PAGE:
One of the youngest exoplanets ever found, rare direct image captured

Astronomers have captured a rare, incredible image of one of the youngest exoplanets ever to be photographed with a telescope.

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An international team of astronomers has discovered an infant planet orbiting an infant star, adding to a very small list of the youngest planets ever found.

The team of international astronomers has had their research accepted for publication in the Monthly Notices of the Royal Astronomical Society, which details the discovery of the planet named 2M0437b. What makes this planet special is that it's newly formed and can be directly observed with telescopes, paving the way forward for researchers to garner a deeper understanding of planet formation, and thus the evolution of Earth.

The team of researchers estimates that the planet is a couple more times massive than Jupiter and formed with its host star only several million years ago. According to the KeckObservatory website, the planet formed "around the time the main Hawaiian Islands first emerged above the ocean". The planet and its host star reside are located 417 light-years from Earth in what astronomers call a stellar "nursery", a region of space that is producing stars and planets at a high rate.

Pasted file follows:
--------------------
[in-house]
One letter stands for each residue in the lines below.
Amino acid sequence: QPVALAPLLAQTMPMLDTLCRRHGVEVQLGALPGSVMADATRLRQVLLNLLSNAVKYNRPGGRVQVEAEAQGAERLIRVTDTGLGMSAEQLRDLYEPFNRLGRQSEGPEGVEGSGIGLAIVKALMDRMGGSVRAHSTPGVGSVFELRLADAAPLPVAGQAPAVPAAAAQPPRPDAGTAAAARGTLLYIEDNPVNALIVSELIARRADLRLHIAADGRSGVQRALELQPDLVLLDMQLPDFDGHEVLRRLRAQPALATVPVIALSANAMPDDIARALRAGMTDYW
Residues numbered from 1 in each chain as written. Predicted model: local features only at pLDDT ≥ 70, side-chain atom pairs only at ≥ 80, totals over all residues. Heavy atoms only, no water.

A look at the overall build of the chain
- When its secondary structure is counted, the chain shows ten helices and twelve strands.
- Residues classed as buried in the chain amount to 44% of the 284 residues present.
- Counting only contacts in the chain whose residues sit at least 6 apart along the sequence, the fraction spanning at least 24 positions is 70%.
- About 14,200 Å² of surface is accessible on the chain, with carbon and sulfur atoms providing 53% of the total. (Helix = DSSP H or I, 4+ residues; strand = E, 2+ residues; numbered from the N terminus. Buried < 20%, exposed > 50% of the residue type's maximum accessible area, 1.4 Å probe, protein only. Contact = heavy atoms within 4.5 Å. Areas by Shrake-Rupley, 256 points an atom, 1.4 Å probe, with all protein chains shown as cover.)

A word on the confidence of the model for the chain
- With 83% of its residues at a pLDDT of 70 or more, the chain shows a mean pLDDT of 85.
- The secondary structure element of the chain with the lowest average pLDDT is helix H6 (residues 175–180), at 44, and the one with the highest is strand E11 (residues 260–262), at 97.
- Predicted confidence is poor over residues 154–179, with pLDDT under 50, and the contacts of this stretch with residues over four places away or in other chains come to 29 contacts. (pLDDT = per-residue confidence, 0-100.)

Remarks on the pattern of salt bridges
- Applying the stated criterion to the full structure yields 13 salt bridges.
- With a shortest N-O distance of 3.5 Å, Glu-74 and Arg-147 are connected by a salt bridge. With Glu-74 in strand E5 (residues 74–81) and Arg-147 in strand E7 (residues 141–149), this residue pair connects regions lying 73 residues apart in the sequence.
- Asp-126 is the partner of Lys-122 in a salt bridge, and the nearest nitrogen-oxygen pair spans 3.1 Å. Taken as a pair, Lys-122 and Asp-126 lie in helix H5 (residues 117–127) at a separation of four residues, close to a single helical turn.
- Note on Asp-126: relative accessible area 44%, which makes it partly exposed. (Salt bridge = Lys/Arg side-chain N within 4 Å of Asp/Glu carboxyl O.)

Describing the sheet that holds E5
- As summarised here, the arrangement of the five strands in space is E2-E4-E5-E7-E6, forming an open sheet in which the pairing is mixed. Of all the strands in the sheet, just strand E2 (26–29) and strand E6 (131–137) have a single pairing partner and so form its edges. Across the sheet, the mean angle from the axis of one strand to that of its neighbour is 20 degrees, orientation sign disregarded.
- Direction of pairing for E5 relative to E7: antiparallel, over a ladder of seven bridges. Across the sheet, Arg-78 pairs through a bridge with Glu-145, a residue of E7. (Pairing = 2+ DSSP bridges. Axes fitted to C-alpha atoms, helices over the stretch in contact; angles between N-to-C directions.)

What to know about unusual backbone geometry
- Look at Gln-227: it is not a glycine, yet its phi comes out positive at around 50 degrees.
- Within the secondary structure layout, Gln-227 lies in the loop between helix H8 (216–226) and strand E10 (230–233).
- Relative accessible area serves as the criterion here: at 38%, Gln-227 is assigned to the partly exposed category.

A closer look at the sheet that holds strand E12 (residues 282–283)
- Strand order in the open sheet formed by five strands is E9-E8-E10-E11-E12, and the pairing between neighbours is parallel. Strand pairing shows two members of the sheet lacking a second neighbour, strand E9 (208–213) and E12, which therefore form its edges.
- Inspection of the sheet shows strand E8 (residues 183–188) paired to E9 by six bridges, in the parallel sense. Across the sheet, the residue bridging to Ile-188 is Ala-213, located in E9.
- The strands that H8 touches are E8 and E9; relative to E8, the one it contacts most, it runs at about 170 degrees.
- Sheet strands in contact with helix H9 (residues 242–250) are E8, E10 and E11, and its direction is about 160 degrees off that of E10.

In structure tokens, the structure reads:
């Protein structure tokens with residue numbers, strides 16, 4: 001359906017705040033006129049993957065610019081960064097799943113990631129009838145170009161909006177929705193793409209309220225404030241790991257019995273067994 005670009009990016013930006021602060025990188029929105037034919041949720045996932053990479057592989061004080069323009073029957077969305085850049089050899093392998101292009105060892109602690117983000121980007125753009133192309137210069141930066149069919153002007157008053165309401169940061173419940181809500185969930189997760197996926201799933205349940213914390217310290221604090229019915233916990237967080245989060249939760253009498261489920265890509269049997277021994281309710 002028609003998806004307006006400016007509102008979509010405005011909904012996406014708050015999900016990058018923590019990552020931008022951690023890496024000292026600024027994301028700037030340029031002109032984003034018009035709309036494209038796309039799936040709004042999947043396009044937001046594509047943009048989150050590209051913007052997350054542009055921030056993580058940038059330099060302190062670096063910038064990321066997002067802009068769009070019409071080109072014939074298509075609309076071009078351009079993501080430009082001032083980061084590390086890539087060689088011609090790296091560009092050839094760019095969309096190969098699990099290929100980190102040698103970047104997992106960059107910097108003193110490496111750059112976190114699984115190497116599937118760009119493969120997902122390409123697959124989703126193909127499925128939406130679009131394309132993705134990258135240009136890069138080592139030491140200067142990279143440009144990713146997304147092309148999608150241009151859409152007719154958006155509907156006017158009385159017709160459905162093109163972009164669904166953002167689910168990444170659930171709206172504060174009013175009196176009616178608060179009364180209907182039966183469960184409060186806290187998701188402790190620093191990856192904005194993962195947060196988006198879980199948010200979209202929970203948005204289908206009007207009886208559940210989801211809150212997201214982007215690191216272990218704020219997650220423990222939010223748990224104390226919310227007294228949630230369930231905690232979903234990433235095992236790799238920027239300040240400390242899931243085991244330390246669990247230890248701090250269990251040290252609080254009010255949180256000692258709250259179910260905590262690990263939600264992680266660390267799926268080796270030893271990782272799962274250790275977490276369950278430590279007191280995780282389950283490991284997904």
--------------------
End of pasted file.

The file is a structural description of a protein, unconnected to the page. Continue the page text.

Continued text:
One of the youngest exoplanets ever found, rare direct image captured 02

If you are interested in reading more about this discovery, check out this link here.


Jak joined the TweakTown team in 2017 and has since reviewed 100s of new tech products and kept us informed daily on the latest science, space, and artificial intelligence news. Jak's love for science, space, and technology, and, more specifically, PC gaming, began at 10 years old. It was the day his dad showed him how to play Age of Empires on an old Compaq PC. Ever since that day, Jak fell in love with games and the progression of the technology industry in all its forms. Instead of typical FPS, Jak holds a very special spot in his heart for RTS games.

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